I've just pushed out the v1.1.3038 update for the Trongate framework. This was a fairly significant update and I wanted to tell you about some of the changes that were made here. For anyone who is in a hurry, I can confirm that there are NO BREAKING CHANGES. So, if you're super busy, you can move on and continue with your life. For those of you who are still reading, I hope you find this information useful. It's healthy to be kept in the loop about what's happening with your framework. Therefore, I can confirm that v1.1.3038 brings two significant updates to the table.

We Have Ignition

For anyone who has ever tried to follow the code and figure out how any decent-sized framework works, you'll know that it's not easy. In the case of Trongate, the very first PHP file that gets loaded is index.php, which is inside the 'public' directory. That file has only one purpose: to start up the framework. Since the main workings of Trongate are contained within an 'engine' directory, it should be no surprise that index.php simply calls something from inside 'engine' and then gets out of the way. So, what this means is that - for Trongate apps - the main action kicks off when a file called 'bootstrap.php' gets loaded. This bootstrap file is critical because it basically figures out what classes need to be loaded in order for us to have a meaningful, working app.

About Bootstrapping

Did you know that 'bootstrapping' is a special word that has nothing whatsoever to do with the popular CSS framework? In web development, 'bootstrapping' refers to the process of loading the environment a program (or a script, in the case of PHP) needs to operate. In the context of PHP development, it also means funneling all web requests through a single script that performs the bootstrapping process, also called “front controller” (taken from https://www.binpress.com/php-bootstrapping-crash-course/. Now you know why our critical main class loading file was named 'bootstrap.php'. Of course, when most developers hear the word 'bootstrap' they'll immediately think about the world's most popular CSS framework: the Bootstrap framework. They probably won't be thinking about loading classes. Therefore, to give Trongate developers a little more clarity about what gets loaded first, we've decided to ditch 'bootstrap.php' and, in its place, we're going to have a new file called 'ignition.php'. This decision was made via an online poll during a recent livestream. Hopefully, 'ignition' says more about what the file actually does. It also has the added bonus of keeping the 'engine' theme going. Don't worry about your apps breaking! We're still including a 'bootstrap.php' file with the framework. Now, the 'bootstrap.php' file is simply going to 'require_once()' our ignition file. In the future, we will be getting rid of 'bootstrap.php' completely. However, we wanted to let some time pass before this happens. Remember, Trongate's highest priority is stability. Next...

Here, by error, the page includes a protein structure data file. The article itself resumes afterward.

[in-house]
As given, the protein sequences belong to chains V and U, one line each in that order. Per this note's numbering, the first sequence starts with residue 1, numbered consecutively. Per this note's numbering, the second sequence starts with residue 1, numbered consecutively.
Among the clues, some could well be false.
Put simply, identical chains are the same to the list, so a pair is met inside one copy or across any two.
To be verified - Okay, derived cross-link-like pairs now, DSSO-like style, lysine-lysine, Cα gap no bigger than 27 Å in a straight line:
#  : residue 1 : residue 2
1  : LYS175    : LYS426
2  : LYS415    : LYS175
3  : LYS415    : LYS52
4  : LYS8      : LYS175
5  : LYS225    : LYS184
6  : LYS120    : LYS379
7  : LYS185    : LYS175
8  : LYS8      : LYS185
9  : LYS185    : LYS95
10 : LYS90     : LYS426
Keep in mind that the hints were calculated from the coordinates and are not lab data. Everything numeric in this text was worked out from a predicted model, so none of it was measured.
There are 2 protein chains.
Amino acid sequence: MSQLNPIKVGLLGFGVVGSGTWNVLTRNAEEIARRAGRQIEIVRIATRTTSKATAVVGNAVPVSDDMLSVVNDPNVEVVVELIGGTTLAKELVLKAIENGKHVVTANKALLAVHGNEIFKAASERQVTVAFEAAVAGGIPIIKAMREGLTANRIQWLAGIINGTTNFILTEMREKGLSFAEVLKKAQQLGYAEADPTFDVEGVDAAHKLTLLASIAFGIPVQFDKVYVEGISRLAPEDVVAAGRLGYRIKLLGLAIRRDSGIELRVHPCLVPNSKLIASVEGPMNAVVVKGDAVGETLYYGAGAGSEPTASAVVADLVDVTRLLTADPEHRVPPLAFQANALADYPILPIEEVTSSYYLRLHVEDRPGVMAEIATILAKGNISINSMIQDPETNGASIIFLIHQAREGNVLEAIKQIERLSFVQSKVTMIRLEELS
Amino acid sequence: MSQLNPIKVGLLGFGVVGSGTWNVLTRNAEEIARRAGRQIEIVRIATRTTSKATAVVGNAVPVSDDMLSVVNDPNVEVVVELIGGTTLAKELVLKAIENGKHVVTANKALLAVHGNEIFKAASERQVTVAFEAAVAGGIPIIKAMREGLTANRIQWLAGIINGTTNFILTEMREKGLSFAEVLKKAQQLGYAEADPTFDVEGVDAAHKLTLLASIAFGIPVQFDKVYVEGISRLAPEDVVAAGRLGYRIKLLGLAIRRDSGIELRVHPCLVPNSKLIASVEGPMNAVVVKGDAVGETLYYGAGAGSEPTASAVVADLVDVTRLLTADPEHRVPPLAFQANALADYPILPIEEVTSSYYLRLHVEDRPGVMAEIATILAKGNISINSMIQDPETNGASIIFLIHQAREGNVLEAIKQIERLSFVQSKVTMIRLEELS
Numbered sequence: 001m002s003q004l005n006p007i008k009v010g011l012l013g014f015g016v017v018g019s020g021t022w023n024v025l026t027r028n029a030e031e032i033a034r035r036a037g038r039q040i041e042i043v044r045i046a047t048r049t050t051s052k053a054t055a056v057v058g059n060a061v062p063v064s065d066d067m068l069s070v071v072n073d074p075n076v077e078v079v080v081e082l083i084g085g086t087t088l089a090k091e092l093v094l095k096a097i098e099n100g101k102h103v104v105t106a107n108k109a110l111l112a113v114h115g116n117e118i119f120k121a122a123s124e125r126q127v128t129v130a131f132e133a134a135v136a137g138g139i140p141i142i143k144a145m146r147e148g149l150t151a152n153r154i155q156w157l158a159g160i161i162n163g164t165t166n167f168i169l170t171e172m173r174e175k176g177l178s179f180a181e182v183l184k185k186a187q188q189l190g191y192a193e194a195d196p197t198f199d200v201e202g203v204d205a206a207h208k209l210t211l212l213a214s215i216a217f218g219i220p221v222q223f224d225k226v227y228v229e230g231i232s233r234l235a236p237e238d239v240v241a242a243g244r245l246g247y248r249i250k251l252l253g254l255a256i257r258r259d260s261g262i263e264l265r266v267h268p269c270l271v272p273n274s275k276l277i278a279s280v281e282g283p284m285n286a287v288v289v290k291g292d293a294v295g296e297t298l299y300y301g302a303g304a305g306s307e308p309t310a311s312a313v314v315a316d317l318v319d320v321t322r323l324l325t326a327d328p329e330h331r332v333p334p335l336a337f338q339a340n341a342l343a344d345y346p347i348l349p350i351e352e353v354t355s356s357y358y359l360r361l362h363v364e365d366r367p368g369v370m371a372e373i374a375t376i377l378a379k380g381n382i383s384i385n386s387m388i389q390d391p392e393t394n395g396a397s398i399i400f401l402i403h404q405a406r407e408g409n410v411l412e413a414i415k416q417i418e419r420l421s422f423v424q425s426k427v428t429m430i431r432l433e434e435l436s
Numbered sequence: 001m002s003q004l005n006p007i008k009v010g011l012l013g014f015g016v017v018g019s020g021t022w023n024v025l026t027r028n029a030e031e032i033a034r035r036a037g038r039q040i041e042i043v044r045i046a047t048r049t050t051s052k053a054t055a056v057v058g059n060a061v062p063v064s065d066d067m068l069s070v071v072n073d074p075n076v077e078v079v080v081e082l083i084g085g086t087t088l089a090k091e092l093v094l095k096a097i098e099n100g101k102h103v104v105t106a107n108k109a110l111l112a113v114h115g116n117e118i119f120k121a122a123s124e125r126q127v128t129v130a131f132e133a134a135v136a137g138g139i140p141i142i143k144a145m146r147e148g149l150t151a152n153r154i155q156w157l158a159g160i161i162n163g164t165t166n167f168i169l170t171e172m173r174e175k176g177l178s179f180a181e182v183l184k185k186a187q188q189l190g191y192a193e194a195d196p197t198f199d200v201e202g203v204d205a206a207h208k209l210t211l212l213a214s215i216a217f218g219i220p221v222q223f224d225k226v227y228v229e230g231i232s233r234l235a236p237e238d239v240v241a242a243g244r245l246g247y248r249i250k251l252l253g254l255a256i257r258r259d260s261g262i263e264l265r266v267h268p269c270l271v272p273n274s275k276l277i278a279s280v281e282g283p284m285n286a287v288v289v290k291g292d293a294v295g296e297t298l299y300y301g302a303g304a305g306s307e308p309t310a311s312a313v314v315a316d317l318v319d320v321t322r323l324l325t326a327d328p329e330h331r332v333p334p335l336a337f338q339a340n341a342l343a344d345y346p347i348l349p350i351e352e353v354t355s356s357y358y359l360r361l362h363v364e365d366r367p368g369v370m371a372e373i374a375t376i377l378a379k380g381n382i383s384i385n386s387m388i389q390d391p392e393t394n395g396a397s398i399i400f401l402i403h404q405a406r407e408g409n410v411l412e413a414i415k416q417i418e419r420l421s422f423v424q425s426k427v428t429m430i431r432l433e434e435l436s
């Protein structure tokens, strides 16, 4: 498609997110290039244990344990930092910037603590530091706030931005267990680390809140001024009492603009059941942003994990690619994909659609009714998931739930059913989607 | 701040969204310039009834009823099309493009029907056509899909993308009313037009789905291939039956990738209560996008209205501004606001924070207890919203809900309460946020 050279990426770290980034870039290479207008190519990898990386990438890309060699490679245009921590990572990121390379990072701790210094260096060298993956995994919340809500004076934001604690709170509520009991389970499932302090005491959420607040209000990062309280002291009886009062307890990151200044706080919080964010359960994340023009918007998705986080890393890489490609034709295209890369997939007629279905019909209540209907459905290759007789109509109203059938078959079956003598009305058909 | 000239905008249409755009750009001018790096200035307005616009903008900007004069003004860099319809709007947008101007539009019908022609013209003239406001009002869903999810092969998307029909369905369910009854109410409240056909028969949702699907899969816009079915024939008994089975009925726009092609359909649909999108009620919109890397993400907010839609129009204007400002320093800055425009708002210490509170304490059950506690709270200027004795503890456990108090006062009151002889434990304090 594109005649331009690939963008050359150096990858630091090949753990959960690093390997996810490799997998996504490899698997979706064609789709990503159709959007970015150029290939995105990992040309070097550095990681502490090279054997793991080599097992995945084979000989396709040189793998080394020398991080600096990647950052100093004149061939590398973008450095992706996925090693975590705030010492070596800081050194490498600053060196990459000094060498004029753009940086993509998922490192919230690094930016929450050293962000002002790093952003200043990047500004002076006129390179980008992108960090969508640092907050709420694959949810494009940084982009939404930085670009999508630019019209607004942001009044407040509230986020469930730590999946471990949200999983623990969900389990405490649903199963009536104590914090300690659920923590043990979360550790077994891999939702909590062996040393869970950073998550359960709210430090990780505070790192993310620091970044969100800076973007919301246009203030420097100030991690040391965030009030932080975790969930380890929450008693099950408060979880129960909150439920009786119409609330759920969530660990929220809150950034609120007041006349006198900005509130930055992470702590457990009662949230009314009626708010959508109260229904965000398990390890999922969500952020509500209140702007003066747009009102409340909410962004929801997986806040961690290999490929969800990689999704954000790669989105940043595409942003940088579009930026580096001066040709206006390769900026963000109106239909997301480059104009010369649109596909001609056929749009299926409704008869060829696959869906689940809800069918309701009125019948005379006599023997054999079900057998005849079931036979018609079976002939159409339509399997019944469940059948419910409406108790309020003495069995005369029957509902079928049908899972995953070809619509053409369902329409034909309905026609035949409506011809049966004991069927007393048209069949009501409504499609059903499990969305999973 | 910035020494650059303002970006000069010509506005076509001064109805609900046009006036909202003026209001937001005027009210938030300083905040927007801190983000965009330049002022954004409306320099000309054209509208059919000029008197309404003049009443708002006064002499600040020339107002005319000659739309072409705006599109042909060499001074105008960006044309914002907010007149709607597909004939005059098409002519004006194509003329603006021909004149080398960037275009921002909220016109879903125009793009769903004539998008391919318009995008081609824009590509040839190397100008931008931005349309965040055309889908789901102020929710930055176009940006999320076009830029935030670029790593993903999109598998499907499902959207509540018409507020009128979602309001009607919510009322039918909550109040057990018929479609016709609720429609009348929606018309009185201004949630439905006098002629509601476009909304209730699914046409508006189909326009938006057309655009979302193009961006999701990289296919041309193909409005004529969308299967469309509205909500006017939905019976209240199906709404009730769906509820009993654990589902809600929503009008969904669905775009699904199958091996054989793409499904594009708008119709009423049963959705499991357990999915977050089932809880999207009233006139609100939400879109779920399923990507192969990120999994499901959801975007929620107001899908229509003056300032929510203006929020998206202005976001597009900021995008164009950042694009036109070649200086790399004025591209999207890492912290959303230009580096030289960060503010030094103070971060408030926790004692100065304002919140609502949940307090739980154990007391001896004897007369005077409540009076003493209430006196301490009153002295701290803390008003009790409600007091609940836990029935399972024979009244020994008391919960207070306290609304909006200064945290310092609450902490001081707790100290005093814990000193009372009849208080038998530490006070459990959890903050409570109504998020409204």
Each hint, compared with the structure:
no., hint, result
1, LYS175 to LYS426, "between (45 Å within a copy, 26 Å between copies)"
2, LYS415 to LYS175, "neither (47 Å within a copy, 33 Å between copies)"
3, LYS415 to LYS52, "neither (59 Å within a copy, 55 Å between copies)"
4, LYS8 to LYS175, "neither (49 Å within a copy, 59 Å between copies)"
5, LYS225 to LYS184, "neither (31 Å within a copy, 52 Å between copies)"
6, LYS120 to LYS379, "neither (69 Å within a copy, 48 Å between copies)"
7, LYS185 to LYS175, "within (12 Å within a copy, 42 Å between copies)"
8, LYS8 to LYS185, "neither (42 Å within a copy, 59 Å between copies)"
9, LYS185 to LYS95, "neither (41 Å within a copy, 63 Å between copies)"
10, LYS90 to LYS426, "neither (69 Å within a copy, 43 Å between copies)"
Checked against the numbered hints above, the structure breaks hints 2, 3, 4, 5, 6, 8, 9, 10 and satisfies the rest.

A Cleaner Trongate Class

Prior to v1.1.3038, our main 'Trongate' class (which is inside Trongate.php) contained over 300 lines of code. A great deal of that code was to do with uploading of files. For some time, there have been calls to have that code moved somewhere else and I couldn't agree more. So, finally, we've stripped out all of the code that was to do with uploading of files. That code now resides inside the 'tg_helpers' directory - within either a 'file_helper' class or an 'img_helper' class. The end result is a much cleaner and more sensible structure. I've also tidied up some of the code a little bit and I'm looking forward to updating the docs and also putting out some videos for the Learning Zone - so that you can have a chance to look at this in a bit more detail. As you would expect, I've taken steps to make sure that everything is backwards compatible. So, even though I'm going to be updating the docs at some point, your older image uploading code will continue to work. I'll probably wait at least a year before removing the older code. I cannot stress enough that the highest priority for Trongate is stability. I certainly don't want anybody to have a broken app because of some framework update. So, let me assure you, we are in very good shape as far as backwards compatibility goes. Thanks for reading and remember... together we shall make PHP great again! DC